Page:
What drives cell differentiation?

Scientists have identified a key regulator of this process.


Cells like embryonic stem cells and other pluripotent cells divide so fast and become any cell type in the body. For years, scientists have wanted to determine the signals that cause stem cells to switch off pluripotency and adopt their final functional state.

Scientists from the University of Illinois Urbana-Champaign have identified a key regulator of this process. They found a molecule called BEND3 deactivates the expression of several genes associated with differentiation, maintaining the cell’s stem cell-like status.

Downregulation of BEND3 causes cells to adopt their final form and function. Once they differentiate, they usually stop actively proliferating.

In previous studies, BEND3 was a crucial factor in cell cycle regulators. When BEND3 is bound to critical areas along the chromosome, it diminished or obstructed the expression of many qualities. Removal of BEND3 rebounds gene expression.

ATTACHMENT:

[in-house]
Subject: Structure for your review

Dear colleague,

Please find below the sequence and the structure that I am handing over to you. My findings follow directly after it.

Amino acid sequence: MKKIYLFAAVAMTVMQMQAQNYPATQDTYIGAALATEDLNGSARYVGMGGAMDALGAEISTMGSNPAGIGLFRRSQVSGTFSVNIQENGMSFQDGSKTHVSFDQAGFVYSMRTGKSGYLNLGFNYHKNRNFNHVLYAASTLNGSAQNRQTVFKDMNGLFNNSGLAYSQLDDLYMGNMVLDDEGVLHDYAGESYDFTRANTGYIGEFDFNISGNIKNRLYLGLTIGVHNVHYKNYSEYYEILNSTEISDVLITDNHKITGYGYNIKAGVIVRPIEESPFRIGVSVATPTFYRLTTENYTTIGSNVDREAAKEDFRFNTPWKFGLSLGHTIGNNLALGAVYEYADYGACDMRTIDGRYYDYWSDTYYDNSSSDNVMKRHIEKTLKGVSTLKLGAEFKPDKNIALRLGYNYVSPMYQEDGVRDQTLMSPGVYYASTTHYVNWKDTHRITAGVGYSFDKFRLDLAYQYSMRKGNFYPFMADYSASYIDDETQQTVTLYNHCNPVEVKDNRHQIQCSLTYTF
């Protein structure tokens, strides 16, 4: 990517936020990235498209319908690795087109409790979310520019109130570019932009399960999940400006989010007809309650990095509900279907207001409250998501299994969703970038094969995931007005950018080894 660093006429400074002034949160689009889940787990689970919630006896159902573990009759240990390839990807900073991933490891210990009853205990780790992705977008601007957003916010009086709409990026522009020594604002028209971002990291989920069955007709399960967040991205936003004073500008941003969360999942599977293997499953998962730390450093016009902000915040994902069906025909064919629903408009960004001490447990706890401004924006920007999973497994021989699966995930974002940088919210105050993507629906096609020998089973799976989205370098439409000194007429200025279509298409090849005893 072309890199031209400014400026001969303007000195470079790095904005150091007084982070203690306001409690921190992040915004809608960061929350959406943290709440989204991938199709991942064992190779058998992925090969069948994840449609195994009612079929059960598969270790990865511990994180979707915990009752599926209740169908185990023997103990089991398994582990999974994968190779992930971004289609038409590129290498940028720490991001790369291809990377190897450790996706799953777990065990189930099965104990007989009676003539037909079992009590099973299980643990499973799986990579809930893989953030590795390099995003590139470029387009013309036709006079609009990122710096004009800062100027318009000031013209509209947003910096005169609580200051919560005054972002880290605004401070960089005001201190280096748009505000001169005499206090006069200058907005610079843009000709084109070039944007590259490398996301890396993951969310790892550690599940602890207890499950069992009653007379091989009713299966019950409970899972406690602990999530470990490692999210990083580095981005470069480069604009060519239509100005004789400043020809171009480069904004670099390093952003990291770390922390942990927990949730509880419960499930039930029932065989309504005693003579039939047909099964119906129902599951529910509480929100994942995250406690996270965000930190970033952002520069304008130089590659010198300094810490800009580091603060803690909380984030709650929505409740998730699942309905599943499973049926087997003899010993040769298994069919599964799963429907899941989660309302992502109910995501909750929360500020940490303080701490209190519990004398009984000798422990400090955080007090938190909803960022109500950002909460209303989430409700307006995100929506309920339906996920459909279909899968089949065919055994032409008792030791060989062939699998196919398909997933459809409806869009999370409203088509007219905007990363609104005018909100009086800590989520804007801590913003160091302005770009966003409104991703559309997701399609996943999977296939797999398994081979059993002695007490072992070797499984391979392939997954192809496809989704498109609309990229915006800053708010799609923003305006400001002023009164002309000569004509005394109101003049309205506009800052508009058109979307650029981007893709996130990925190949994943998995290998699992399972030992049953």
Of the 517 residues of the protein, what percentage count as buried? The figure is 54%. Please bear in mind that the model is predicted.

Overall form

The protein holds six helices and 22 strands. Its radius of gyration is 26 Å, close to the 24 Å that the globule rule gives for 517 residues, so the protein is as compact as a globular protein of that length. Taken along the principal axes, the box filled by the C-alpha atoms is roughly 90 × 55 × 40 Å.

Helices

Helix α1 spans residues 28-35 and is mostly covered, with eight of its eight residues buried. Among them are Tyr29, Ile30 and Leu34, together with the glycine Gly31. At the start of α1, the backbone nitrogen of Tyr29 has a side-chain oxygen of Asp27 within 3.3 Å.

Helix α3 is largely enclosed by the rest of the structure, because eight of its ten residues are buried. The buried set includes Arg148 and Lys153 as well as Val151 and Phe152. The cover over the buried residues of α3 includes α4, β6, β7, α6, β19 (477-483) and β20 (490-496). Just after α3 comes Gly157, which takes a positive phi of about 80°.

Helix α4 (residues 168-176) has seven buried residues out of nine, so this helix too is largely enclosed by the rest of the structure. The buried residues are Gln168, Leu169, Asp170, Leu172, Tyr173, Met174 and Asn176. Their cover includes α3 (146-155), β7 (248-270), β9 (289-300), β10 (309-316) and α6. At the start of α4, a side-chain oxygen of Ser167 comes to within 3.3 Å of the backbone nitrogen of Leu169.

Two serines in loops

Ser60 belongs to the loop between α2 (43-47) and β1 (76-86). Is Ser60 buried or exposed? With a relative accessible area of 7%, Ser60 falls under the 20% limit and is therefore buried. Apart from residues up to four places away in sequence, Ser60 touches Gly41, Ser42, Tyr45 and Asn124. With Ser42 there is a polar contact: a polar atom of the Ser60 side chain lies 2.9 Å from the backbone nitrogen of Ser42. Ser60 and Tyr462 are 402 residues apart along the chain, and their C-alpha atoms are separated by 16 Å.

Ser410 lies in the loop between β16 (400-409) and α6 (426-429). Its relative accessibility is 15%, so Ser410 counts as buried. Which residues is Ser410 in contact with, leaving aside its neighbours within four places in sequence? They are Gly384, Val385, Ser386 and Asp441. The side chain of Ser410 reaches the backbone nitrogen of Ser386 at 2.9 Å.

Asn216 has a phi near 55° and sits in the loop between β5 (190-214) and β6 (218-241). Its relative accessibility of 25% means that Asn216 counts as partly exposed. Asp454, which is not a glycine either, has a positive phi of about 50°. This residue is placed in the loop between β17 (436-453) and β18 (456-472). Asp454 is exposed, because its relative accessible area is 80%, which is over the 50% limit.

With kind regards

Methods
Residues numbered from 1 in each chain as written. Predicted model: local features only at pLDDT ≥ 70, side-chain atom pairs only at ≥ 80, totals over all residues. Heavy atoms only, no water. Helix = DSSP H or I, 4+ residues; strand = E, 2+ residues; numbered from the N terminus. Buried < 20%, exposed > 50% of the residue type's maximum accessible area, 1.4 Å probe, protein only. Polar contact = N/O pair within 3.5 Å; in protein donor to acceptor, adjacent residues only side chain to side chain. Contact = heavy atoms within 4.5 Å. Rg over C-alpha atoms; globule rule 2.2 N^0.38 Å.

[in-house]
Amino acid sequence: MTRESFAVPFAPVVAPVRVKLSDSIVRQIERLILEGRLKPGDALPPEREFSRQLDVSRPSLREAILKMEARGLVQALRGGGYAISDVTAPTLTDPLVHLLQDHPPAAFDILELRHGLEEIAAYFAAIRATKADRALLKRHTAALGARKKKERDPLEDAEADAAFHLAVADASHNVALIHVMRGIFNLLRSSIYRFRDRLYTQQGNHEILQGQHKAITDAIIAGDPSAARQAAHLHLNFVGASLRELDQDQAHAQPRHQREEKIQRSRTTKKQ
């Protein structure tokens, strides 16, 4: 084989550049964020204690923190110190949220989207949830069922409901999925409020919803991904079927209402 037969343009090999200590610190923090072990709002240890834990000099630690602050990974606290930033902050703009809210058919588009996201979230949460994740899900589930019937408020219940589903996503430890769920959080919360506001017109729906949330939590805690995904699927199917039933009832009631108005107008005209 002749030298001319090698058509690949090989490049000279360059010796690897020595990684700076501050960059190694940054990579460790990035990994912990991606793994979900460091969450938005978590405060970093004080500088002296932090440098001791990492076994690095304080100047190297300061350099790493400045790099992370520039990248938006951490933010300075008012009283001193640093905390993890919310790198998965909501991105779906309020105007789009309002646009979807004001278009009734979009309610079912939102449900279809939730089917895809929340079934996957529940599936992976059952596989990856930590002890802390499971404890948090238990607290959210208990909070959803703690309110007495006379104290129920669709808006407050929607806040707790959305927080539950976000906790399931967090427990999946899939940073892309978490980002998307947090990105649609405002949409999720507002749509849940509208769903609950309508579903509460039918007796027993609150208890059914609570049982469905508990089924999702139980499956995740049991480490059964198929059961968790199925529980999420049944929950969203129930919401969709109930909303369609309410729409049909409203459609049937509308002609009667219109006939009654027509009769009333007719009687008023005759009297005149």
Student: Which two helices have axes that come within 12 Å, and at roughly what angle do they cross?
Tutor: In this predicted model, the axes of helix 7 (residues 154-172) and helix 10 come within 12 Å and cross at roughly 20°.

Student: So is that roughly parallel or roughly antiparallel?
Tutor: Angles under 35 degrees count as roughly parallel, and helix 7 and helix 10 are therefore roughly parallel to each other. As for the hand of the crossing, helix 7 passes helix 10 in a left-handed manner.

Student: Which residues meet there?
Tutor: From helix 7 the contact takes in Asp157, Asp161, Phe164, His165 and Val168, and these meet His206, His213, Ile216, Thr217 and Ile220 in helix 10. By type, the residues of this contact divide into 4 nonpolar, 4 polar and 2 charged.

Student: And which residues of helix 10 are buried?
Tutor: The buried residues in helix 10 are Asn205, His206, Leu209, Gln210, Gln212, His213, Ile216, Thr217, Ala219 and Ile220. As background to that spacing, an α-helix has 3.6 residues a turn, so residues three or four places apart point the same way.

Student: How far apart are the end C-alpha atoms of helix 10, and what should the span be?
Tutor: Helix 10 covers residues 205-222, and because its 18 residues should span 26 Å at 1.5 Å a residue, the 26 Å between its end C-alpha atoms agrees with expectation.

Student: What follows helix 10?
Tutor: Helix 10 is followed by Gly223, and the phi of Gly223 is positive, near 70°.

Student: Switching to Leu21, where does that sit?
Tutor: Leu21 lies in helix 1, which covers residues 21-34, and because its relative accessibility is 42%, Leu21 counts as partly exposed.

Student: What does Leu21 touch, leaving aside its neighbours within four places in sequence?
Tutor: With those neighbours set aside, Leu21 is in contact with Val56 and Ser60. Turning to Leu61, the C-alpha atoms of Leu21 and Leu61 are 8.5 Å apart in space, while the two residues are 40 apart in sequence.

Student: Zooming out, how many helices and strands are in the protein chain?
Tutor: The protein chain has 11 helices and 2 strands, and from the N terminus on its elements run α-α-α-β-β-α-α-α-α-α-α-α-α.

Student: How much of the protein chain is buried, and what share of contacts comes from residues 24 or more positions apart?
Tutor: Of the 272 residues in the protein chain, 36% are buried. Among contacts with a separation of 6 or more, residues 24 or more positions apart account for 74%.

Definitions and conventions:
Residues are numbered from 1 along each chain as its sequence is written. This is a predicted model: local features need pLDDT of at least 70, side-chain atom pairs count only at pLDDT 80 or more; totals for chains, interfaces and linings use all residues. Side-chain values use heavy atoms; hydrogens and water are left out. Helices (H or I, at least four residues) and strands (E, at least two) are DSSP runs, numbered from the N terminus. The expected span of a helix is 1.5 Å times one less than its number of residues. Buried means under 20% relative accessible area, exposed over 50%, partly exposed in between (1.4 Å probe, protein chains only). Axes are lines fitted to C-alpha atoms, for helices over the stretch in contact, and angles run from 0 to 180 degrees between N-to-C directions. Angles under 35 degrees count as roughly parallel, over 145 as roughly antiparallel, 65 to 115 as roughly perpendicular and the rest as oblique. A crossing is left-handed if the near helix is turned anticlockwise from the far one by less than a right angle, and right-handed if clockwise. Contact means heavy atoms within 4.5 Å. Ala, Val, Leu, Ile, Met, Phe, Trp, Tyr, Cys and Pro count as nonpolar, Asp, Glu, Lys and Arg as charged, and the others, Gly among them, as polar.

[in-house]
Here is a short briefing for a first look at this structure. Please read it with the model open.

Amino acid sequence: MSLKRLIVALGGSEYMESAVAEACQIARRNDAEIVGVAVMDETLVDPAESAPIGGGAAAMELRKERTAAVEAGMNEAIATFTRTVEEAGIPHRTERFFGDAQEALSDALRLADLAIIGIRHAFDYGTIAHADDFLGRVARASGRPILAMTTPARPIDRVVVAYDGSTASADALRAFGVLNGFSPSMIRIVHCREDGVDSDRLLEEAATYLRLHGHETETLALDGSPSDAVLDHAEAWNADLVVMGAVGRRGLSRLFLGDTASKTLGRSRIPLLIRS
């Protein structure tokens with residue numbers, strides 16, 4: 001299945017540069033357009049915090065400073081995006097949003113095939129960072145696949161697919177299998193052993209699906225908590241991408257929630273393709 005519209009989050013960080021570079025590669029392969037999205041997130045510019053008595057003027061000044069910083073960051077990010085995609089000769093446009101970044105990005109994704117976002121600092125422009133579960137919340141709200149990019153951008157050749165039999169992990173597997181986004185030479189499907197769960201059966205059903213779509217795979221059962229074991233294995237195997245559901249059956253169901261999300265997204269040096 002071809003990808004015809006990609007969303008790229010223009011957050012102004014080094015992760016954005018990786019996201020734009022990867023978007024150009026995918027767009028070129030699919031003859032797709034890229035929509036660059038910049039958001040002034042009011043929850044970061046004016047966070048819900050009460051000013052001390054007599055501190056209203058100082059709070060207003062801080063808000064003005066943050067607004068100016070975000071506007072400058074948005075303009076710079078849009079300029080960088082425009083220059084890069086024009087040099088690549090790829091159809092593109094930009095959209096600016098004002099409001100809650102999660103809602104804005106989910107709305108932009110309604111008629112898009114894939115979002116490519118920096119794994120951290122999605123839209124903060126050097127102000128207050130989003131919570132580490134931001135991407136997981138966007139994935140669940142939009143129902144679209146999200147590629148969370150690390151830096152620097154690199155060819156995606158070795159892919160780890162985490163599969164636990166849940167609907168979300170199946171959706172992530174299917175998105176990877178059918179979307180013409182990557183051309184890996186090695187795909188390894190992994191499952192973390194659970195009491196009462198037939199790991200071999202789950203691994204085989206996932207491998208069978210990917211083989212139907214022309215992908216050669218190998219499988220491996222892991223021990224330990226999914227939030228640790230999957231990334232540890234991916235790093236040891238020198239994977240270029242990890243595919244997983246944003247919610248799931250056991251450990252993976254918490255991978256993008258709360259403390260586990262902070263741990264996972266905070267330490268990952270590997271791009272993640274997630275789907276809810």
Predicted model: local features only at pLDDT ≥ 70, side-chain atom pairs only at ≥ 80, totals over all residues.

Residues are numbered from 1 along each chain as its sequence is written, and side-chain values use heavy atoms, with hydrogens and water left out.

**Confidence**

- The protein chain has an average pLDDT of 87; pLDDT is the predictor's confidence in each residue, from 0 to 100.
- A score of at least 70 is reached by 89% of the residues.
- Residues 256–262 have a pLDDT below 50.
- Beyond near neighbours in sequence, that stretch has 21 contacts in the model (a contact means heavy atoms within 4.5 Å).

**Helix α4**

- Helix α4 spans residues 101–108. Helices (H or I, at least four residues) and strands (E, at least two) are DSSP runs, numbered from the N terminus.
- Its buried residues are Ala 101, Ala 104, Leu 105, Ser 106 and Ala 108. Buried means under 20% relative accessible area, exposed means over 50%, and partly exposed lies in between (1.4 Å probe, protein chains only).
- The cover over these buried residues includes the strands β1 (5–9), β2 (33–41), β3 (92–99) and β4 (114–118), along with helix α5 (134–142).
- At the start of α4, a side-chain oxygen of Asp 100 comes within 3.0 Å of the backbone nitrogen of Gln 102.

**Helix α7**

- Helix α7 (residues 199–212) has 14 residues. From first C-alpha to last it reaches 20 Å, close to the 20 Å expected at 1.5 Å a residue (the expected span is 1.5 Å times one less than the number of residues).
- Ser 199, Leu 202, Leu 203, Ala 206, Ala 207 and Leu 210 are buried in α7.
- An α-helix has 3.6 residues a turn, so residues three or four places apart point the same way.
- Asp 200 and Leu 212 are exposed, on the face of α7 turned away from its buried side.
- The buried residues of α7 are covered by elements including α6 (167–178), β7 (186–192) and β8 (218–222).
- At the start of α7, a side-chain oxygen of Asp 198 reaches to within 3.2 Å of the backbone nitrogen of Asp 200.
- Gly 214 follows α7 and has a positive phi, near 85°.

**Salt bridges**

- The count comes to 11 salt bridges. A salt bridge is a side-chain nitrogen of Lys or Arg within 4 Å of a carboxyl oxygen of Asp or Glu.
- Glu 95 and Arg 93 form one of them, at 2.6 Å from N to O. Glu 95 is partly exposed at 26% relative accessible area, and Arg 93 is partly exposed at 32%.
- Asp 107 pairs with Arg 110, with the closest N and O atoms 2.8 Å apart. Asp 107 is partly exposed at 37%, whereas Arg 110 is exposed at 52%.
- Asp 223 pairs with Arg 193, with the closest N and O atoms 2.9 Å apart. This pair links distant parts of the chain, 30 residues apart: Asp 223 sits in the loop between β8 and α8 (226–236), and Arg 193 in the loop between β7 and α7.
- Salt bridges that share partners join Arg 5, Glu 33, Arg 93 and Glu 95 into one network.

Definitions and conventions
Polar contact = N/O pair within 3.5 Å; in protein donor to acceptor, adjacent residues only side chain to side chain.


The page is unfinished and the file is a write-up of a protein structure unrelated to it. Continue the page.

In this new study, scientists found that many of the genes repressed by BEND3 promote cell differentiation.

University of Illinois Urbana-Champaign cell and developmental biology professor and department head Supriya Prasanth said, “The binding of BEND3 to these genes blocks their expression, preventing the cells from entering a differentiated state. And the moment you remove that control, the cells are now moving toward the differentiation pathway.”

“BEND3 is not the only regulator of the cell-differentiation pathway; it binds to and interacts with many other molecular regulators of this process. But its presence or absence appears critical to determining a cell’s fate, making it an attractive target for potential medical interventions when the process goes awry.”

Scientists published their study in the Proceedings of the National Academy of Sciences.

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